Cheniere Energy Inc, the largest US LNG exporter, says it may build a new pipeline to link its Louisiana expansion project to other pipelines in major shale-gas producing regions as it seeks to diversify its risk.
Cheniere's Sabine Pass facility has been expanding since its production began in 2016 but needs additional natural gas beyond current supplies to reach its planned ‘Stage 5’ capacity, top company officials said.
"We will likely build a pipeline to where we can access other pipelines. That will get us Haynesville (shale gas), any additional Marcellus (gas) that will come down, mid-continent, Permian as well as Eagleford as it continues to be developed," Corey Grindal, Cheniere's Chief Operating Officer, told journalists recently.
Cheniere previously retooled some of its pipeline infrastructure to send gas to its Sabine Pass facility in Louisiana, but those pipelines now shoulder additional demand and are unavailable, Grindal said.
The exporter already spends US$800 million a year in pipeline transit fees to transport 7.5 billion ft3/d of natural gas from 26 different pipelines to its LNG plants in Texas and Louisiana, CEO Jack Fusco also said in the interview with reporters at an LNG conference in Vancouver. He gave no detail about the new pipeline's cost or size.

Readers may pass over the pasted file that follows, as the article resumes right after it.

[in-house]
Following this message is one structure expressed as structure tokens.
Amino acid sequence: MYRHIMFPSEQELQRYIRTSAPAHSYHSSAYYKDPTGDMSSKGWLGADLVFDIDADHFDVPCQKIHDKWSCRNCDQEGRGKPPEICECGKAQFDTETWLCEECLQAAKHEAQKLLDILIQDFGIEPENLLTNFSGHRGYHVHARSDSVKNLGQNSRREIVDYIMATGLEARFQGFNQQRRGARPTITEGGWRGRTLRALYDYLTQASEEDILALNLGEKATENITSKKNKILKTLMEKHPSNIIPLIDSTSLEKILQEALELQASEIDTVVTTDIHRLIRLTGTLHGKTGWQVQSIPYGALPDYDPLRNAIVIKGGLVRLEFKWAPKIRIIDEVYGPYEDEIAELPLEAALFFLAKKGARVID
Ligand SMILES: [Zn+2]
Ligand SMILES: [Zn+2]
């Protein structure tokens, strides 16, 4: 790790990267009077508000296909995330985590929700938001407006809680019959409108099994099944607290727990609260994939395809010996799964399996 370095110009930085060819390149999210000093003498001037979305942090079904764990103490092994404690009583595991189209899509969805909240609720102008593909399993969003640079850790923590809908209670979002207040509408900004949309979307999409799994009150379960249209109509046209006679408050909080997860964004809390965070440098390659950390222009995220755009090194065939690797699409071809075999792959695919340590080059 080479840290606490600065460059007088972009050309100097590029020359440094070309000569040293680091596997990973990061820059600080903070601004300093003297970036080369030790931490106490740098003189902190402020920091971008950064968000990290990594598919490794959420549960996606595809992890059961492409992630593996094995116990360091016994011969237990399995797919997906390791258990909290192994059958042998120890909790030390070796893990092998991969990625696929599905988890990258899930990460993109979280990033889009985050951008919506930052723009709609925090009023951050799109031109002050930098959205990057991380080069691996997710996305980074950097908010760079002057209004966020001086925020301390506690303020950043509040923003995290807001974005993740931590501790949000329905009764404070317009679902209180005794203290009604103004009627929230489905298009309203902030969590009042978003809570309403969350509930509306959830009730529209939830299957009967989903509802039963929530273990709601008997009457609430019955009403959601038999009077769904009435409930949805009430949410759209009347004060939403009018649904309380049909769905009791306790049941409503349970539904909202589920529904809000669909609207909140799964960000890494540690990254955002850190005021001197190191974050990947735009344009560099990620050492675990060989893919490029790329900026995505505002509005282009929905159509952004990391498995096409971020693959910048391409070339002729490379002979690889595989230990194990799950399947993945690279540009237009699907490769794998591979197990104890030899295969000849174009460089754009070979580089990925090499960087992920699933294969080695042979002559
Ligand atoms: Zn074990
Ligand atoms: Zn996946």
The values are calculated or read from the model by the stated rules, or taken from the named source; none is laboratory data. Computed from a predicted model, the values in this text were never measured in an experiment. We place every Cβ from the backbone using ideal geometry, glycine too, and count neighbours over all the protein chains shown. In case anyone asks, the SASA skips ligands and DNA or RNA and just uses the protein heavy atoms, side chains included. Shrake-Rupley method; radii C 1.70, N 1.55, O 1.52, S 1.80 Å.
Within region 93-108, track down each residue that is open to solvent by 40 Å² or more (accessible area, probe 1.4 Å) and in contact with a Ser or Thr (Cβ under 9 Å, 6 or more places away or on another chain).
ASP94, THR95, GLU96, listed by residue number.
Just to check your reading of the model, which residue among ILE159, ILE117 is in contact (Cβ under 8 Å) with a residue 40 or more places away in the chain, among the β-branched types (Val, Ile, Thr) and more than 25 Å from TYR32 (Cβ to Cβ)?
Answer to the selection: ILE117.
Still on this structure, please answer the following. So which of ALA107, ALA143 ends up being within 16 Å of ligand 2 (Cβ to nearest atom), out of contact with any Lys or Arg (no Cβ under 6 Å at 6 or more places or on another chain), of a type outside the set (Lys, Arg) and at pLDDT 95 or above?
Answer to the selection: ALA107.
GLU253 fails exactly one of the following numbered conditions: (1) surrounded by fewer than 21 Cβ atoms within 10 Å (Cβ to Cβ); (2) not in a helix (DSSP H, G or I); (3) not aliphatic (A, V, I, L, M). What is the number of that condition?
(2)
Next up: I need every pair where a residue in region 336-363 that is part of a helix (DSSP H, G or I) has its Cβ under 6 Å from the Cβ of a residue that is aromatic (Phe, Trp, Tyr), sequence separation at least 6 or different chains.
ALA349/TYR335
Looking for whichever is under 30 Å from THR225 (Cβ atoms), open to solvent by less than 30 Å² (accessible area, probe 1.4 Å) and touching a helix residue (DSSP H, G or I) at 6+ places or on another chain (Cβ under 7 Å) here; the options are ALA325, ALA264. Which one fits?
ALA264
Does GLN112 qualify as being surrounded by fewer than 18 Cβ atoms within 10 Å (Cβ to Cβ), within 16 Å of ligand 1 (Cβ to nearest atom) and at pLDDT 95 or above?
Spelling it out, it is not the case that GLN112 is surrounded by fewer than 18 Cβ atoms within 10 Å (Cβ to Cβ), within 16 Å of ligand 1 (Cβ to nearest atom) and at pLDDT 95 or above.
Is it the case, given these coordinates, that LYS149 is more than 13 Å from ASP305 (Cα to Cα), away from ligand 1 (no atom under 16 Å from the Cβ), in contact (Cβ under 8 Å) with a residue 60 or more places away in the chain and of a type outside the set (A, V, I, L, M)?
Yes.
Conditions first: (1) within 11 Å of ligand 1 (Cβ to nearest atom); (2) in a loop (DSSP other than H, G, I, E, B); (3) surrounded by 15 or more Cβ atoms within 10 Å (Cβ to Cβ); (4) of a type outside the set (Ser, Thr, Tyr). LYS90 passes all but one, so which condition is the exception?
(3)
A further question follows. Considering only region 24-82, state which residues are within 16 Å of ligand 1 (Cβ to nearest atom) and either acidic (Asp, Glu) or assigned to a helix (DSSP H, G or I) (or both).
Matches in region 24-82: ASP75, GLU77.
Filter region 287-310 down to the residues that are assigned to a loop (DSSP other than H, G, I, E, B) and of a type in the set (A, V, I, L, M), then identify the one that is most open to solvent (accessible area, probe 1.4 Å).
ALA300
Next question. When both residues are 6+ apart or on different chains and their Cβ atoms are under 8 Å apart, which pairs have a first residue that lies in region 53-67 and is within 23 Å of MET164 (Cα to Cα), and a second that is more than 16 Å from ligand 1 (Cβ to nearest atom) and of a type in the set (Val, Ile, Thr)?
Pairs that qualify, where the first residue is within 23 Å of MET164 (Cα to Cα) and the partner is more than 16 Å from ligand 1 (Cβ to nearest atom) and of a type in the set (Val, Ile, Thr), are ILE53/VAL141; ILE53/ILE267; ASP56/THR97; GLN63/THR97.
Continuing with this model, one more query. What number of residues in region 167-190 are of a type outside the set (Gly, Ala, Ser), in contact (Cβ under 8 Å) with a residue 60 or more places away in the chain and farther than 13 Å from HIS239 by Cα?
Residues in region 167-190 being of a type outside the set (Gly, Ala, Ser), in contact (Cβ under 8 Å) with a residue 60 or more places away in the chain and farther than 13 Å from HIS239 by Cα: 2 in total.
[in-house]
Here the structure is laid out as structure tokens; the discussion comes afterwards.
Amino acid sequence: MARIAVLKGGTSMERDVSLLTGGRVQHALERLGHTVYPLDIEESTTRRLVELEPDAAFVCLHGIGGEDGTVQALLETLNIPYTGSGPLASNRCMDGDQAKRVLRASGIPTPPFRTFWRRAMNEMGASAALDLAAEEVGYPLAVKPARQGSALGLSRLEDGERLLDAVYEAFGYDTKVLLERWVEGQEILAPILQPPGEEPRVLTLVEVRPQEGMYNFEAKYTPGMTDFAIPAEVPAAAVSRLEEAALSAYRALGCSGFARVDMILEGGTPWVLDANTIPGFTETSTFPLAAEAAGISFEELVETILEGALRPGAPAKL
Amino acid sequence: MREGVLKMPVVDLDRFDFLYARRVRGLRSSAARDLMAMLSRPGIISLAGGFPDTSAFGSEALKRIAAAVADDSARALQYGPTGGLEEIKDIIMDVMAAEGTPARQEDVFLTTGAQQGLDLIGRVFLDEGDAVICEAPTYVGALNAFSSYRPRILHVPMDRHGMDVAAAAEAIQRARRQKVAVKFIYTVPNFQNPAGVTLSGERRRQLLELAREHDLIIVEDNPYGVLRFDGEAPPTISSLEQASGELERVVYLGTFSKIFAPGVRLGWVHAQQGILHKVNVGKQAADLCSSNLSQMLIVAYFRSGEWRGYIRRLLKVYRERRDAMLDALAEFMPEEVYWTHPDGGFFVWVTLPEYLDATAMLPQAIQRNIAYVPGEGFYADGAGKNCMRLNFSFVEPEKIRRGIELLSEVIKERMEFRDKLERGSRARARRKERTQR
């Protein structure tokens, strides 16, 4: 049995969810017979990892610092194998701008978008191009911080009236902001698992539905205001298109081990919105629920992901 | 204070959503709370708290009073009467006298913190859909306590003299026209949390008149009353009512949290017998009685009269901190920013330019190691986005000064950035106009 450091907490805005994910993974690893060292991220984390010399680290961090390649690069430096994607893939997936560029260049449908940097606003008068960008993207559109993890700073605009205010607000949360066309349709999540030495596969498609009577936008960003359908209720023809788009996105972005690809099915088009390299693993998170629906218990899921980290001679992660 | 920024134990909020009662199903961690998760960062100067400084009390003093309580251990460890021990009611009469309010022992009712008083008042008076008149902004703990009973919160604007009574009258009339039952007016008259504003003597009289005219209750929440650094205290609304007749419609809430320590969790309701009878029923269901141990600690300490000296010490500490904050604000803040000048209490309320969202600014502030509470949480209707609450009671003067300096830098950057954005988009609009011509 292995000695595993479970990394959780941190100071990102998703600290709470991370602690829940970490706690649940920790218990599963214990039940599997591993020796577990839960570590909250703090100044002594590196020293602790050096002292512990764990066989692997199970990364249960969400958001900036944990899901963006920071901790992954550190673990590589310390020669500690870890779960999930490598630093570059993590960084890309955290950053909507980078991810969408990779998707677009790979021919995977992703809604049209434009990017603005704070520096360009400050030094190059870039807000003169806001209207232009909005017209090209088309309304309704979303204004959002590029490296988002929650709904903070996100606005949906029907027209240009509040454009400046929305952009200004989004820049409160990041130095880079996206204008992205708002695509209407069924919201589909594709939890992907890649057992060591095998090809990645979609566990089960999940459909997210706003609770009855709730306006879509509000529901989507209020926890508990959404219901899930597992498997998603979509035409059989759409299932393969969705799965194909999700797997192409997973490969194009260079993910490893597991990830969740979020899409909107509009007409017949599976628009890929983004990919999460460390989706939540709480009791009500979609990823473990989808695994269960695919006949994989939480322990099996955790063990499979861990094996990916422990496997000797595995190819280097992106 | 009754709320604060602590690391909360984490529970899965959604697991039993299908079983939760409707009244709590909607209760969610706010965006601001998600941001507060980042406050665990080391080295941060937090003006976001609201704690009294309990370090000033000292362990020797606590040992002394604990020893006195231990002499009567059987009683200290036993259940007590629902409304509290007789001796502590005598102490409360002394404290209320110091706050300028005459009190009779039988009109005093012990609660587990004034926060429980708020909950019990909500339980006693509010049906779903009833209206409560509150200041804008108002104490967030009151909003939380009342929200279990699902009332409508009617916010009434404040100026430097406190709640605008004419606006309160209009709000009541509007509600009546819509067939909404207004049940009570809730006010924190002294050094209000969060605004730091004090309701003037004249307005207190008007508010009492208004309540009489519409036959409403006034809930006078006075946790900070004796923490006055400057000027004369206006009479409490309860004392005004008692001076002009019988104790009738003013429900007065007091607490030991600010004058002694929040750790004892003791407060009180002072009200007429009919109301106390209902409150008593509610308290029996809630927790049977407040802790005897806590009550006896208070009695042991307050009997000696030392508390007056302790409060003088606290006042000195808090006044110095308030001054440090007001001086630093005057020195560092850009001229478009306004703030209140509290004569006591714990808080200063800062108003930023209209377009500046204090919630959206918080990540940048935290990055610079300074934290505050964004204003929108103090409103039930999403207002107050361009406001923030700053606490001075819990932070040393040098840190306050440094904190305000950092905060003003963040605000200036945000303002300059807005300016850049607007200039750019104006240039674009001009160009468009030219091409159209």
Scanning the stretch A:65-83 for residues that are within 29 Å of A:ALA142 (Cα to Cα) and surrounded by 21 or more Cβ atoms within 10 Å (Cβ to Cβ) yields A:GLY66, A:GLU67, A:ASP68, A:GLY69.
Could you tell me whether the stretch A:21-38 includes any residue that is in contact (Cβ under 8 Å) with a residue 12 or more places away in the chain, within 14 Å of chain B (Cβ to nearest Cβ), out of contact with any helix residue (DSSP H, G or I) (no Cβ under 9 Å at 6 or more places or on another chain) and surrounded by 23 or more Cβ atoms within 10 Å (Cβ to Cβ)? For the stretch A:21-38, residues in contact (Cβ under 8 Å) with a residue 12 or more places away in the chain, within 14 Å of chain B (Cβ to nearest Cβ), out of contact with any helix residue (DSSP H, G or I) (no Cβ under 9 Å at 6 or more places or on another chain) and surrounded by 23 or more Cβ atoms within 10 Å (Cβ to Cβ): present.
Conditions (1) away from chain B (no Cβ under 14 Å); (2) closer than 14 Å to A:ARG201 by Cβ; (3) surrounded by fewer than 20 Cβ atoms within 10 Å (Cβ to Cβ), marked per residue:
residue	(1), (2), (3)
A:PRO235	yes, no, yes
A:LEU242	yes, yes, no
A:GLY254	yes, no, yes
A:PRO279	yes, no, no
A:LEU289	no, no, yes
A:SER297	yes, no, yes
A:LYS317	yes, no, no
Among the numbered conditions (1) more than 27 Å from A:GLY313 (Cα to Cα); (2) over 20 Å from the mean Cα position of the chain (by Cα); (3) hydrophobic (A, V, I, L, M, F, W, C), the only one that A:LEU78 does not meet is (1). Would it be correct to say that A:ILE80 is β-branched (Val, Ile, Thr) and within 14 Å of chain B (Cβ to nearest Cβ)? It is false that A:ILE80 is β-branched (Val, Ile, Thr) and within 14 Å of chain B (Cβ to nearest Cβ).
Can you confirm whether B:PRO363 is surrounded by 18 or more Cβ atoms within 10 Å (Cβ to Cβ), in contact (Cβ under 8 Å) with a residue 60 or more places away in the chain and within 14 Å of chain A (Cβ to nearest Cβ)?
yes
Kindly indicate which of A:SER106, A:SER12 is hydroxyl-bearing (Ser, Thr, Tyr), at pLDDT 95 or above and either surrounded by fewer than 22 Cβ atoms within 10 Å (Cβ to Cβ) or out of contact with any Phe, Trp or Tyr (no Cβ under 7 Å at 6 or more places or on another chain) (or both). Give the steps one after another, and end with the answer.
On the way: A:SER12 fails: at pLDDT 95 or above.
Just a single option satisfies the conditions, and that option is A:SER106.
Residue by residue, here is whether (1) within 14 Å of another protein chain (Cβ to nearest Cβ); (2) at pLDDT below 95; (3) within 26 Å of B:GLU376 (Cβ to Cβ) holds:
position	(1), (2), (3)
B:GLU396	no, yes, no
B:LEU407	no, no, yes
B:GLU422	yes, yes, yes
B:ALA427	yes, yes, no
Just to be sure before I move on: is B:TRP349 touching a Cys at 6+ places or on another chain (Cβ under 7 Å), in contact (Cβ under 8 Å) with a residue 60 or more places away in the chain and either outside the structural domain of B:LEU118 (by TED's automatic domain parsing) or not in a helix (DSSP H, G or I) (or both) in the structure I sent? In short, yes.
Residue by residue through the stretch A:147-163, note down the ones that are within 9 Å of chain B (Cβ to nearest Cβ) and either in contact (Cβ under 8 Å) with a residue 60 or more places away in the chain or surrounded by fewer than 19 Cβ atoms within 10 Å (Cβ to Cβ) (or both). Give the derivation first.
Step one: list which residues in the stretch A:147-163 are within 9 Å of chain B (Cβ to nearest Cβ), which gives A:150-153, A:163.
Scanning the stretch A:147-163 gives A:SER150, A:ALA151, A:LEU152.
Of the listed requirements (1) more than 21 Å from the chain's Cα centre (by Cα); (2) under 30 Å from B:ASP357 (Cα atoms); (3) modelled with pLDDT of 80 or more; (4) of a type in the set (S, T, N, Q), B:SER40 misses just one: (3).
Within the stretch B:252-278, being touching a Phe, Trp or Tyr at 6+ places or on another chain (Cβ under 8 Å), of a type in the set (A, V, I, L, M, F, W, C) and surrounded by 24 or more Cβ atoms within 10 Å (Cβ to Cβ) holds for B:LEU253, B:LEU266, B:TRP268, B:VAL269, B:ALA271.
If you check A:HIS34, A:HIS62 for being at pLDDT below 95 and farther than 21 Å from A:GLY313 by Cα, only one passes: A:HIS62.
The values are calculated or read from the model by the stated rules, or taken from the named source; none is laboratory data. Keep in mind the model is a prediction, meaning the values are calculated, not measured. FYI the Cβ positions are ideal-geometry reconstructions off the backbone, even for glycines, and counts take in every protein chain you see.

Oren Pilant, a pipeline analyst with midstream industry experts East Daley Analytics, said the project likely requires a small header system that aggregates gas from several lines. "The expansion is adjacent to their existing Sabine Pass facility and would be supplied by a combination of new and existing pipes," Pilant said.
The new project is being designed to produce up to 20 million tpy of LNG but has not yet been funded, Cheniere said on its website.
Proposed LNG and gas pipeline projects in the Gulf Coast region have not faced the same environmental push back as elsewhere and should get approved, said Alex Gafford, a Capital Markets Analyst at East Daley Analytics.
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